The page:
Three 4G free for all customersThree network to rollout 4G upgrade at no extra cost
29 August 2013
Three will begin switching on its 4G service from December 2013, with London, Birmingham and Manchester targeted for the initial launch. The last of the major networks to announce their 4G plans, Three plans to cover 98% of the UK by the end of 2015.
All existing Three customers with a 4G ready phone or tablet will be eligible to upgrade to the 4G network via a free software update, with no need to change tariffs or sign up to a new contract.
Three 4G smartphone plans
Exact price details covering 4G tariffs for new customers have yet to be revealed. Three does offer a range of 4G compatible mobile phones however; with Sony’s Xperia Z handset available for free on a £29 per month contract for example. Other 4G compatible phones available from Three include the Nokia Lumia 925, Samsung Galaxy S4 and HTC One.
4G phone reviews – our mobile phone reviews rate the best 4G handsets.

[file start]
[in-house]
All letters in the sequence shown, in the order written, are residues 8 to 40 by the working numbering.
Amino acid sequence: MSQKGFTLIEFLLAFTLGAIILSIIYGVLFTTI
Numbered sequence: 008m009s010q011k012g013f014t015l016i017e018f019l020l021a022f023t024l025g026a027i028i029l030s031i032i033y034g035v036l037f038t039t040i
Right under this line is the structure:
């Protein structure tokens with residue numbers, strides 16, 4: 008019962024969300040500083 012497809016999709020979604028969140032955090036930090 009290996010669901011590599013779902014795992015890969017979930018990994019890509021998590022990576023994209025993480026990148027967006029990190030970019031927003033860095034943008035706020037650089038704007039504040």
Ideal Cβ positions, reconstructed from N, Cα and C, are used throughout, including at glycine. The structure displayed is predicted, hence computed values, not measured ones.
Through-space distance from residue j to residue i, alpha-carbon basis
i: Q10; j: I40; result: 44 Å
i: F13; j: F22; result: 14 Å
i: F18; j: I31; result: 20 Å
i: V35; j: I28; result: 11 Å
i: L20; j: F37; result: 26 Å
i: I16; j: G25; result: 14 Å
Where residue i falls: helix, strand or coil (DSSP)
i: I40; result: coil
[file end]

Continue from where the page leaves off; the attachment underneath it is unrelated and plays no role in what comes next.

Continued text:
4G launched by Vodafone and O2
The announcement by Three comes as O2 and Vodafone begin rollout of their 4G services in UK cities, joining established provider EE.
Like Three, both O2 and Vodafone plan to ultimately offer coverage in 98% of the UK. 4G was launchd by EE last year and now covers 105 towns and cities. The arrival of rival networks should see more competitive pricing for 4G and give consumers more choice.
Vodafone has initially launched its 4G service in London. The cheapest 4G package will cost £26 per month for a sim-only deal or £34 per month with a supplied, free 4G phone.
O2 has rolled out its 4G service in London, Leeds and Bradford. 12 month tariffs range from £26 to £36 per month for a sim-only deal; while existing customers can upgrade to 4G via O2 refresh from £22.
O2 4G vs Vodafone 4G vs EE 4G – we compare the best plans for by price and data.
What is 4G?
4G is the next generation of mobile technology that promises home broadband levels of internet speed on the move. The speeds of between 8 and 12 Mbps that users are likely to receive is significantly faster than the current 3G speeds of 1-2Mbps and ideal for streaming or downloading video and music.
Regulator Ofcom estimates that download speeds could be around five to seven times those of existing 3G networks. This would mean that a music album that takes 20 minutes to download on a 3G phone would only take three minutes over 4G.
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